Metacognition and Learning

, Volume 2, Issue 2–3, pp 125–140 | Cite as

Designing for metacognition—applying cognitive tutor principles to the tutoring of help seeking

  • Ido RollEmail author
  • Vincent Aleven
  • Bruce M. McLaren
  • Kenneth R. Koedinger


Intelligent Tutoring Systems have been shown to be very effective in supporting learning in domains such as mathematics, physics, computer programming, etc. However, they are yet to achieve similar success in tutoring metacognition. While an increasing number of educational technology systems support productive metacognitive behavior within the scope of the system, few attempt to teach skills students need to become better future learners. To that end, we offer a set of empirically-based design principles for metacognitive tutoring. Our starting point is a set of design principles put forward by Anderson et al. (Journal of the Learning Sciences, 4:167–207, 1995) regarding Cognitive Tutors, a family of Intelligent Tutoring Systems. We evaluate the relevance of these principles to the tutoring of help-seeking skills, based on our ongoing empirical work with the Help Tutor. This auxiliary tutor agent is designed to help students learn to make effective use of the help facilities offered by a Cognitive Tutor. While most of Anderson’s principles are relevant to the tutoring of help seeking, a number of differences emerge as a result of the nature of metacognitive knowledge and of the need to combine metacognitive and domain-level tutoring. We compare our approach to other metacognitive tutoring systems, and, where appropriate, propose new guidelines to promote the discussion regarding the nature and design of metacognitive tutoring within scaffolded problem-solving environments.


Meta-cognition Help seeking Intelligent tutoring systems Cognitive tutors Instructional design principles 



We would like to thank Ryan deBaker, Eunjeong Ryu, Jo Bodnar, Ido Jamar, Brett Leber, Jonathan Sewall, Mike Konieczki, Kathy Dickensheets, Grant McKinney, Terri Murphy, Sabine Lynn, Dale Walters, Kris Hobaugh and Christy McGuire for their help carrying out these studies. This research is sponsored by NSF Award IIS-0308200, the Graduate Training Grant awarded to Carnegie Mellon University by the Department of Education (# R305B040063), and NSF Award SBE-0354420 to the Pittsburgh Sciences of Learning Center. The contents of the paper are solely the responsibility of the authors and do not necessarily represent the official views of the NSF.


  1. Aleven, V., & Koedinger, K. R. (2000). Limitations of student control: Do students know when they need help? In G. Gauthier, C. Frasson, & K. VanLehn (Eds.), Proceedings of the 5th International Conference on Intelligent Tutoring Systems (pp. 292–303). Berlin: Springer.Google Scholar
  2. Aleven, V., & Koedinger, K. R. (2002). An effective metacognitive strategy: Learning by doing and explaining with a computer-based Cognitive Tutor. Cognitive Science, 26, 147–179.CrossRefGoogle Scholar
  3. Aleven, V., McLaren, B. M., Roll, I., & Koedinger, K. R. (2006). Toward meta-cognitive tutoring: A model of help seeking with a Cognitive Tutor. International Journal of Artificial Intelligence in Education, 16, 101–128.Google Scholar
  4. Aleven, V., Roll, I., McLaren, B. M., Ryu, E. J., & Koedinger, K. R. (2005). An architecture to combine meta-cognitive and cognitive tutoring: Pilot testing the Help Tutor. In Proceedings of 12th International Conference on Artificial Intelligence in Education (pp. 17–24). Amsterdam, The Netherlands: IOS.Google Scholar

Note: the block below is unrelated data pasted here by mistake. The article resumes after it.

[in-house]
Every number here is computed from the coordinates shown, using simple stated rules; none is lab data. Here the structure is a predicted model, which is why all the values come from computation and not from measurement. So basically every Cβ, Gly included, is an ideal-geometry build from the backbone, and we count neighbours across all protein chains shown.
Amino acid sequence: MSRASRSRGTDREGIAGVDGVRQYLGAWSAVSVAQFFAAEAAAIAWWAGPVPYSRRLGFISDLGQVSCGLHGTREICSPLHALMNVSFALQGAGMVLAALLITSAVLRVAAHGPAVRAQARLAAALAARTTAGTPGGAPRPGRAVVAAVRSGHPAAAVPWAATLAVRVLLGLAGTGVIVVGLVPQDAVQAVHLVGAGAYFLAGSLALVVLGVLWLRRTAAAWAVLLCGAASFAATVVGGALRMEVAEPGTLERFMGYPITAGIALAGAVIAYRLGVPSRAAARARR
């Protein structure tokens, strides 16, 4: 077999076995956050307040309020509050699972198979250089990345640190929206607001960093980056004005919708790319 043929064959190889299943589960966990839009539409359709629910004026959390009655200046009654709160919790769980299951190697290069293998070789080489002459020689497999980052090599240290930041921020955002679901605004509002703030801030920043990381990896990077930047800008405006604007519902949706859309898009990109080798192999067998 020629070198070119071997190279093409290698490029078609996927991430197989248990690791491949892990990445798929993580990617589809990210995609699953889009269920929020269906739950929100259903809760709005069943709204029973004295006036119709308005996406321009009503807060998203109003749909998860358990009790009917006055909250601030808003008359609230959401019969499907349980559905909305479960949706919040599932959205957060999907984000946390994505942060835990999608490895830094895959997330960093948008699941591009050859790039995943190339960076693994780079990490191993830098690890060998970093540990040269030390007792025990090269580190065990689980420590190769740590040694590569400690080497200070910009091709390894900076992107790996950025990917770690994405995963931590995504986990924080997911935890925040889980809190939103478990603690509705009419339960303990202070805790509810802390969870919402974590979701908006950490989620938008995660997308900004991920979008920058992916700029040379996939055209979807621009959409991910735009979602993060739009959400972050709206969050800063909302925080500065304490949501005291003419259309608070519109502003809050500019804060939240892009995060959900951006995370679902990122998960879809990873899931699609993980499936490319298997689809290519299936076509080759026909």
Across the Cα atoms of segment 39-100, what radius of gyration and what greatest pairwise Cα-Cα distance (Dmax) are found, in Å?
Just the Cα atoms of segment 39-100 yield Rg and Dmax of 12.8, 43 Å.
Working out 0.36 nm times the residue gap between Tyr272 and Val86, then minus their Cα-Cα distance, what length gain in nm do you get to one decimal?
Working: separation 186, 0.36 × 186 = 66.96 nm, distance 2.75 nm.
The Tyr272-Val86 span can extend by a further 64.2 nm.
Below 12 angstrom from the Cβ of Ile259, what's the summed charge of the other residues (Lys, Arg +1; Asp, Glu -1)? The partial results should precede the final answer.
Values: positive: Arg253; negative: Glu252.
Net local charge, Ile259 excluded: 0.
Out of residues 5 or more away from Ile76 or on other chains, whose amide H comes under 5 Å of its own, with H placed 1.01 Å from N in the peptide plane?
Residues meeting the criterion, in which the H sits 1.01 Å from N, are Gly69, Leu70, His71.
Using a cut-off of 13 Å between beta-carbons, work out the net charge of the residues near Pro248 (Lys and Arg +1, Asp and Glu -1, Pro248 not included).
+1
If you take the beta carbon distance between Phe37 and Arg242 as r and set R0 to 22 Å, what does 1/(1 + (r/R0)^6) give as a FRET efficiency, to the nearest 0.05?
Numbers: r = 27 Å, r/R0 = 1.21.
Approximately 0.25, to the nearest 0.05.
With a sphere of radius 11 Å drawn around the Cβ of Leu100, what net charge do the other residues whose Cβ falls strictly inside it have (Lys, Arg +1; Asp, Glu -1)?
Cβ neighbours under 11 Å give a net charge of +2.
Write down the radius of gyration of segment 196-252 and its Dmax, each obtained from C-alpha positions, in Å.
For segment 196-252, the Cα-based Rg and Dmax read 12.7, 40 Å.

5. Aleven, V., Stahl, E., Schworm, S., Fischer, F., & Wallace, R. M. (2003). Help seeking and help design in interactive learning environments. Review of Educational Research, 73(2), 277–320.CrossRefGoogle Scholar
  6. Anderson, J. R., Corbett, A. T., Koedinger, K. R., & Pelletier, R. (1995). Cognitive tutors: Lessons learned. Journal of the Learning Sciences, 4(2), 167–207.CrossRefGoogle Scholar
  7. Azevedo, R. (2005a). Using hypermedia as a metacognitive tool for enhancing student learning? The role of self-regulated learning. Educational Psychologist, 40(4), 199–209.CrossRefGoogle Scholar
  8. Azevedo, R. (2005b). Computer environments as metacognitive tools for enhancing learning. Educational Psychologist, 40(4), 193–197.CrossRefGoogle Scholar
  9. Azevedo, R., Cromley, J. G., & Seibert, D. (2004). Does adaptive scaffolding facilitate students ability to regulate their learning with hypermedia? Contemporary Educational Psychology, 29, 344–370.CrossRefGoogle Scholar
  10. Baker, R. S., Corbett, A. T., Koedinger, K. R., & Wagner, A. Z. (2004). Off-task behavior in the Cognitive Tutor classroom: When students “game the system.” In ACM CHI 2004: Computer–Human Interaction (pp. 383–90).Google Scholar
  11. Baker, R. S. J. d., Corbett, A. T., Koedinger, K. R., Evenson, E., Roll, I., Wagner, A. Z., et al. (2006a). Adapting to when students game an intelligent tutoring system. In 8th International Conference on Intelligent Tutoring Systems (pp. 392–401). Berlin: Springer.Google Scholar
  12. Baker, R. S. J. d., Corbett, A. T., Koedinger, K. R., & Roll, I. (2006b). Generalizing detection of Gaming the System across a tutoring curriculum. In 8th International Conference on Intelligent Tutoring Systems (pp. 402–11). Berlin: Springer.Google Scholar
  13. Bielaczyc, K., Pirolli, P. L., & Brown, A. L. (1995). Training in self-explanation and self-regulation strategies: Investigating the effects of knowledge acquisition activities on problem solving. Cognition and Instruction, 13(2), 221–252.CrossRefGoogle Scholar
  14. Biswas, G., Leelawong, K., Kadira, B., Viswanath, K., Vye, N., Schwartz, D. L., et al. (2004). Incorporating self regulated learning techniques into learning by teaching environments. In The Twenty Sixth Annual Meeting of the Cognitive Science Society (pp. 120–125).Google Scholar
  15. Bransford, J. D., Brown, A. L., & Cocking, R. R. (2000). How people learn: Brain, mind, experience, and school. Washington, DC: National Academy Press.Google Scholar